Why Warren Buffett Is Betting Billions on Renewable Energy
Renewable energy has been a hotly debated topic in Washington, DC during the past few years, but one person who isn't listening to the noise is Warren Buffett. Instead, he's putting billions of dollars to work buying wind and solar power plants and, this week, said there's another $15 billion ready to go.
Buffett isn't buying solar panel manufacturers or wind farm installers. Instead, he's buying power plants with 20-year power-purchase agreements and predictable cash flows, much like a bond. First Solar and SunPower have benefited from this, selling hundreds of megawatts of projects to Buffett, which they may do again in the future.
How can you invest in wind and solar like Warren Buffett? Renewable energy yieldcos are starting to hit the market and are a good way to get exposure to these markets. NRGEnergy launched NRG Yield last year, and SunEdison will launch a yieldco later this year. Solar specialist Travis Hoium covers more on Buffett's investments, and how you can invest in renewable energy in the video below.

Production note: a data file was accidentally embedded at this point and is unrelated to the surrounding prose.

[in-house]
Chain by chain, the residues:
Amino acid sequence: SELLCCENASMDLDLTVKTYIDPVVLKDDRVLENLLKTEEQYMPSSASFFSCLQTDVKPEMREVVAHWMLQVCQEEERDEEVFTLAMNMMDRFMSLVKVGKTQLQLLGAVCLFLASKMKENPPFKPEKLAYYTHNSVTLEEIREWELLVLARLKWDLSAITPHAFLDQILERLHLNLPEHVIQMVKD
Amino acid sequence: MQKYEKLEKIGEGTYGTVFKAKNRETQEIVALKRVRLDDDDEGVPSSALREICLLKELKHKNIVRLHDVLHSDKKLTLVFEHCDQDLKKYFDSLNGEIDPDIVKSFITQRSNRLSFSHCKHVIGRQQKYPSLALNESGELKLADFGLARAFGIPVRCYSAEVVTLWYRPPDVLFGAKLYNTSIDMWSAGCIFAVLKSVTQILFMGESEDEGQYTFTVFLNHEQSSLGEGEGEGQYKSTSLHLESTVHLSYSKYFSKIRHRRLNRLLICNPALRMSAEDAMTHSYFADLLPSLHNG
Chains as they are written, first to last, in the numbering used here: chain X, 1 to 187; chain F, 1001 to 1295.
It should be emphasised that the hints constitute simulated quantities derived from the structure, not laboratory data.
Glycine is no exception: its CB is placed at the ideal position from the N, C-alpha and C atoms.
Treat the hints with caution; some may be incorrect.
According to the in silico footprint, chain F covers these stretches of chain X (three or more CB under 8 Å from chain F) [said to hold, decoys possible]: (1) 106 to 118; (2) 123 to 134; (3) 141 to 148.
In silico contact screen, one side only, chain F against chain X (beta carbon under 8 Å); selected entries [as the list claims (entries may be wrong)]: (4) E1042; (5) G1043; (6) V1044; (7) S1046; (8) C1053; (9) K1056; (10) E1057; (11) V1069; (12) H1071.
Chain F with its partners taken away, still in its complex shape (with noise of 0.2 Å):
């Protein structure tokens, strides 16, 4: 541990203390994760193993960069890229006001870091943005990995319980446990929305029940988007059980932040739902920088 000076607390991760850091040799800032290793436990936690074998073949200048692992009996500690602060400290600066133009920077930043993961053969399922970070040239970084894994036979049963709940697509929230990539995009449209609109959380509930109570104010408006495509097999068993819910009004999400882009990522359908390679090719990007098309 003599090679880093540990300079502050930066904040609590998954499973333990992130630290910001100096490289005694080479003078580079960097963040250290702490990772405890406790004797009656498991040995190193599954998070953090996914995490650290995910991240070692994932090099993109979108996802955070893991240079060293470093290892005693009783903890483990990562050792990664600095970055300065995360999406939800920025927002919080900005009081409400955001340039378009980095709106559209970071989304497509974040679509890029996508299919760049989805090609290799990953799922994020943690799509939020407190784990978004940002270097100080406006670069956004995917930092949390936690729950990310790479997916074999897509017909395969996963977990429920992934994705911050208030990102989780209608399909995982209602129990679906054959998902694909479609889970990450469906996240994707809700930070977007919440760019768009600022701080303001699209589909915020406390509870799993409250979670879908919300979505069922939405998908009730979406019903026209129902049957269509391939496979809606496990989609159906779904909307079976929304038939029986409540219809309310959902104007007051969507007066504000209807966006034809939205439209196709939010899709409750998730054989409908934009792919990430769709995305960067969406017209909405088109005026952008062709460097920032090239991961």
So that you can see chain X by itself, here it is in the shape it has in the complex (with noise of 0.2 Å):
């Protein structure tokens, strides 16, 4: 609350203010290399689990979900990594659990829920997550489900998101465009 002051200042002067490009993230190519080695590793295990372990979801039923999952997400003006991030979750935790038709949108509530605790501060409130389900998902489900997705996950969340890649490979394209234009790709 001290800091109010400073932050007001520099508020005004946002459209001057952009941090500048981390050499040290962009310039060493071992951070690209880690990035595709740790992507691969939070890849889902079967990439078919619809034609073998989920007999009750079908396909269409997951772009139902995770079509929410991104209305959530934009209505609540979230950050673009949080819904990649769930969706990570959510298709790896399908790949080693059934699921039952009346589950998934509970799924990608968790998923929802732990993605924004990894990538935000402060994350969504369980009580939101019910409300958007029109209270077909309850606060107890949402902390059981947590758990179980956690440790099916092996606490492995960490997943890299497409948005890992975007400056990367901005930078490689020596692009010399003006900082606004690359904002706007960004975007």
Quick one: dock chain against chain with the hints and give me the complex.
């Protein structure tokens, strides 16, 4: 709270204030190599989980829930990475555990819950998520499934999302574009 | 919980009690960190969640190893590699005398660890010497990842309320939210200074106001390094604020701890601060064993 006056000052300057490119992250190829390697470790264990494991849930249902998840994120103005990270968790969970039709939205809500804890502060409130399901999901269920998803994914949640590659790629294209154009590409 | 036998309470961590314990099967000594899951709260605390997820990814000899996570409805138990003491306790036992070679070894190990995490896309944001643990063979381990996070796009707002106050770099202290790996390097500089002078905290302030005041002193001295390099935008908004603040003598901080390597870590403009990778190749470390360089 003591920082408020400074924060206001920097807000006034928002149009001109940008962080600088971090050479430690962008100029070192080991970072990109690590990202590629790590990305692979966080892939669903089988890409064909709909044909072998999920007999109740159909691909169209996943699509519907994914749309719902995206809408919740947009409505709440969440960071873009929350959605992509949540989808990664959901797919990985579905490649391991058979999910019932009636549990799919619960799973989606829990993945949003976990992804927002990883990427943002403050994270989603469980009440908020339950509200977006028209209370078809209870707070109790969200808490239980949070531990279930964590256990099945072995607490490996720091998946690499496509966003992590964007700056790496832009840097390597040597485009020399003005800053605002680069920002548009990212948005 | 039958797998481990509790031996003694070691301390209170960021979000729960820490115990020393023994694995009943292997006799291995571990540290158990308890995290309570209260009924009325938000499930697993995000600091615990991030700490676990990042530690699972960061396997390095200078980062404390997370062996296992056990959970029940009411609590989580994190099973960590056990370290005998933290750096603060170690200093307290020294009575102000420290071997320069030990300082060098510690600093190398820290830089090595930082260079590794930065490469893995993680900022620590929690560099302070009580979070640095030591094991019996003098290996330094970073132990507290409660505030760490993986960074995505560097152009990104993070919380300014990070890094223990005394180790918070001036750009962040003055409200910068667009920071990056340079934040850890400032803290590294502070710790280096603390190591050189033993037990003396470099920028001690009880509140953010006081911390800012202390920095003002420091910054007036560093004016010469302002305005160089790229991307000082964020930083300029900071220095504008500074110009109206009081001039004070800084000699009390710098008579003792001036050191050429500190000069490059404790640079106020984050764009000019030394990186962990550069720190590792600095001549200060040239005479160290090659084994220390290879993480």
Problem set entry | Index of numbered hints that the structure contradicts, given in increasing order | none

Warren Buffett's biggest fear is about to come true
Warren Buffett just called this emerging technology a "real threat" to his biggest cash-cow. While Buffett shakes in his billionaire-boots, only a few investors are embracing this new market which experts say will be worth over $2 trillion. It won't be long before everyone on Wall Street wises up, that's why The Motley Fool is releasing this timely investor alert. Click here to learn more about what's keeping Buffett up at night and the one public company we're calling the "brains behind" the technology.
The article Why Warren Buffett Is Betting Billions on Renewable Energy originally appeared on Fool.com.Travis Hoium manages an account that owns shares of NRG YIELD INC and SunPower and is personally long shares and options of SunPower. The Motley Fool has no position in any of the stocks mentioned. Try any of our Foolish newsletter services free for 30 days. We Fools may not all hold the same opinions, but we all believe that considering a diverse range of insights makes us better investors. The Motley Fool has a disclosure policy.
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